> > My background is in machine learning, cluster computing, distributed
> > systems etc. I am a good C/C++ developer and have a strong background in
> > algorithms and data structure.
> Sounds good.
> > I am also taking an advanced compiler course this quarter at
> Stanford. So I
> > would be studying several of these topics anyways - so I thought I
> might as
> > well co-engage on the LLVM compiler infra project.
> Agreed ;)
> > I am currently studying the background information on SCC Call Graphs,
> > Dominator Trees and other Global and inter-procedural analysis to lay
> > ground work on how to tackle this optimization pass using ML models.
> I have
> > run a couple of all program function passes and visualized call graphs
> > get familiarized with the LLVM optimization pass setup. I have also
> > and learnt the use of GDB to debug function pass code.
> Very nice.
> > I have submitted the ML and Compiler Optimization proposal to GSOC
> 2020. I
> > have added an additional feature to enhance the ML optimization to
> > crossover code to GPU and investigate how the function call graphs can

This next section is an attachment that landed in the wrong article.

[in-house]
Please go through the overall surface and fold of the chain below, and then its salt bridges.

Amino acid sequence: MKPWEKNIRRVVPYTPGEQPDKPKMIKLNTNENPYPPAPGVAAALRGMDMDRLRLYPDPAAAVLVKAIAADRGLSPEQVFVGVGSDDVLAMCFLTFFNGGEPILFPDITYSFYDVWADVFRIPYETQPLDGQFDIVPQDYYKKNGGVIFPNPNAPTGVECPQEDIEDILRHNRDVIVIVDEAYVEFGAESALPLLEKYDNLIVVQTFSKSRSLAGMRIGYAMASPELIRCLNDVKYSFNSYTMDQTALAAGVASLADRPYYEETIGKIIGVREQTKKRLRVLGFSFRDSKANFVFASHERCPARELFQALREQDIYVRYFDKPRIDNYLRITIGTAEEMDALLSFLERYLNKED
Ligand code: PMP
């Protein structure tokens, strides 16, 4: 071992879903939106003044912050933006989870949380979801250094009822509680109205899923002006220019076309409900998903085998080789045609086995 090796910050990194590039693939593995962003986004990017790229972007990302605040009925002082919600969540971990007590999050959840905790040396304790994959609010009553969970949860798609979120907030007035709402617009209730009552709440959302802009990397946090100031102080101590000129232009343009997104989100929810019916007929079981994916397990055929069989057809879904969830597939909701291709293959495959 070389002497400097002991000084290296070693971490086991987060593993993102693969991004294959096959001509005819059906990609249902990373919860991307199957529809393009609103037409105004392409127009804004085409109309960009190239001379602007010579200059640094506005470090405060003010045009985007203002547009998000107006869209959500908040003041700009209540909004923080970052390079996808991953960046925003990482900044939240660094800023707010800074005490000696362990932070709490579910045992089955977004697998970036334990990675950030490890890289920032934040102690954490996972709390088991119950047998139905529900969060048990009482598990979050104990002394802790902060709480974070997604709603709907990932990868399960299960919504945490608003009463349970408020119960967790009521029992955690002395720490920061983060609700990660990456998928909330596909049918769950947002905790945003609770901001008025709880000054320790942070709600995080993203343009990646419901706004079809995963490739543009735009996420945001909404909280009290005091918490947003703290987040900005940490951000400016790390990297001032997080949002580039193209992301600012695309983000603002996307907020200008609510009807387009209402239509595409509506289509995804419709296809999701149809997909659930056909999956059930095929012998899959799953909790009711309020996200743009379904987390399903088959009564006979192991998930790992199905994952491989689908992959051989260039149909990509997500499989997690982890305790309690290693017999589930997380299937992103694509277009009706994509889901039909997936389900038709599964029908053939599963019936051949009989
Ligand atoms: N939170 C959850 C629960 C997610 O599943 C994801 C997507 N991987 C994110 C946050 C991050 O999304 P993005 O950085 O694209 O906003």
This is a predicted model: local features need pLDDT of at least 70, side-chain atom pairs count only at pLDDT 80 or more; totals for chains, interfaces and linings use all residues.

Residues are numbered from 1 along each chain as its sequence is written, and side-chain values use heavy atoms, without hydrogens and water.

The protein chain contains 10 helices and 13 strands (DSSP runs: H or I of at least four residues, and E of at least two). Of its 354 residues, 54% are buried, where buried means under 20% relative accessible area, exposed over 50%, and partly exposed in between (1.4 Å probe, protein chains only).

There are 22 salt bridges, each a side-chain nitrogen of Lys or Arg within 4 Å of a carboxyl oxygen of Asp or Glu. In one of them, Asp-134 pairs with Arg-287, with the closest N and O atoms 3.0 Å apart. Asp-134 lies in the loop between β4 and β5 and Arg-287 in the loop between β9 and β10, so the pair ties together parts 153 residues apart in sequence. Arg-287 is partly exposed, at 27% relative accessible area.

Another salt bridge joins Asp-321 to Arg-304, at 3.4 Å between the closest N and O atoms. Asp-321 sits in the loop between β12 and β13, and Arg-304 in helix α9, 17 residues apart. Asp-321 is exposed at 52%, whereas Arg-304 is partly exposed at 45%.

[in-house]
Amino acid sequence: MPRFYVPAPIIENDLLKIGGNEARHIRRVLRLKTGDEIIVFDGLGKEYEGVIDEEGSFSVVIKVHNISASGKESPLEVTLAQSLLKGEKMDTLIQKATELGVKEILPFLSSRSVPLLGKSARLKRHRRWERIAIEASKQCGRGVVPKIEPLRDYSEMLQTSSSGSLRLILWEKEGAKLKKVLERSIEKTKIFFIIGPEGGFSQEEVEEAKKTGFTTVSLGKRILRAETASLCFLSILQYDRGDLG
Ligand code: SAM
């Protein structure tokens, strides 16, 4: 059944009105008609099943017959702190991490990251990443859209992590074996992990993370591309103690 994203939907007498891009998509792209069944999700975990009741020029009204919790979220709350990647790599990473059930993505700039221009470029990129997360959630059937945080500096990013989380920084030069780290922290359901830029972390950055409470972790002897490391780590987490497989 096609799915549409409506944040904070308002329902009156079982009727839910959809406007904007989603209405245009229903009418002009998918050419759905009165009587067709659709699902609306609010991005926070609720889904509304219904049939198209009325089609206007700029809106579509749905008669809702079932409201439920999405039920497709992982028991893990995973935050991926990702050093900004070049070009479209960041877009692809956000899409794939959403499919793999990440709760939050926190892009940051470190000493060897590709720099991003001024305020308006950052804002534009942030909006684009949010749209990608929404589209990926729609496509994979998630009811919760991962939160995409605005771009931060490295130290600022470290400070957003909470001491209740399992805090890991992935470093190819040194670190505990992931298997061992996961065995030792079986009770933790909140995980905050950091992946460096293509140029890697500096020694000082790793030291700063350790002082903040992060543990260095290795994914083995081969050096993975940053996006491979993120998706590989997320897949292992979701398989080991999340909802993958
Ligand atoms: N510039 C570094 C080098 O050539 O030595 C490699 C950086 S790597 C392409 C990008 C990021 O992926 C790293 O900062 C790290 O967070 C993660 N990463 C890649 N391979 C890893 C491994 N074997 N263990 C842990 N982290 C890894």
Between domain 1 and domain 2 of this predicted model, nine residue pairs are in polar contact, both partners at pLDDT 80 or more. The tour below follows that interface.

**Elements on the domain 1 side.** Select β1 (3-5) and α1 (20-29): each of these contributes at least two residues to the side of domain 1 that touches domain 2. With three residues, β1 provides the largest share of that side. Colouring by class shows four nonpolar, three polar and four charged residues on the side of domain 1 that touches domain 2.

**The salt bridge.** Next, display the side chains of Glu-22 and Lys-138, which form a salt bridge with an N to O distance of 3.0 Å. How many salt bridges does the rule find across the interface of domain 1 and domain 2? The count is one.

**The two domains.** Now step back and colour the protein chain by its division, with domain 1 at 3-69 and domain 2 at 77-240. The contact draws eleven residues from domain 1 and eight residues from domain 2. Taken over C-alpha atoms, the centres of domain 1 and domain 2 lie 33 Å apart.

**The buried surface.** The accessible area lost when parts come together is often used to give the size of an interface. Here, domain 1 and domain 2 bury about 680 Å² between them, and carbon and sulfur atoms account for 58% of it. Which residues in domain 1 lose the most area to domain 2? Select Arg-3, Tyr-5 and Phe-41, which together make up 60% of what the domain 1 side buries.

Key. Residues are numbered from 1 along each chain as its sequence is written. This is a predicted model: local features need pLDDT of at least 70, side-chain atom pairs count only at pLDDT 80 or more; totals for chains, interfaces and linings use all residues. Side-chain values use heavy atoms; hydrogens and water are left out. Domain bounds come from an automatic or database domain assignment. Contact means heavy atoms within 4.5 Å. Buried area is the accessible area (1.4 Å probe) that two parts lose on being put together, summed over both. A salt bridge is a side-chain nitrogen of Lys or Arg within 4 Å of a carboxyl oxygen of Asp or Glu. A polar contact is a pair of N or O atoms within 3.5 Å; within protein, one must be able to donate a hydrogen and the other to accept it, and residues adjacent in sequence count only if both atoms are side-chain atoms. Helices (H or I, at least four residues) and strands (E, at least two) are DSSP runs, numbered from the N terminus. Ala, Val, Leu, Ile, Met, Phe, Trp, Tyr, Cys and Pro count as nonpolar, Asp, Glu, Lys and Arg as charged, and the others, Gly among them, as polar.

> > visualized as SCCs across CPU and GPU implementations. If the
> extension to
> > GPU is too much for a summer project, potentially we can focus on
> > developing a framework for studying SCCs across a unified CPU, GPU setup
> > and leave the coding, if feasible, to next Summer. All preliminary
> I haven't looked at the proposals yet (I think we can only after the
> deadline). TBH, I'm not sure I fully understand your extension. Also,
> full disclosure, the project is pretty open-ended from my side at least.
> I do not necessarily believe we (=llvm) is ready for a ML driven pass or
> even inference in practice. What I want is to explore the use of ML to
> improve the code we have, especially heuristics. We build analysis and
> transformations but it is hard to combine them in a way that balances
> compile-time, code-size, and performance.
> Some high-level statements that might help to put my view into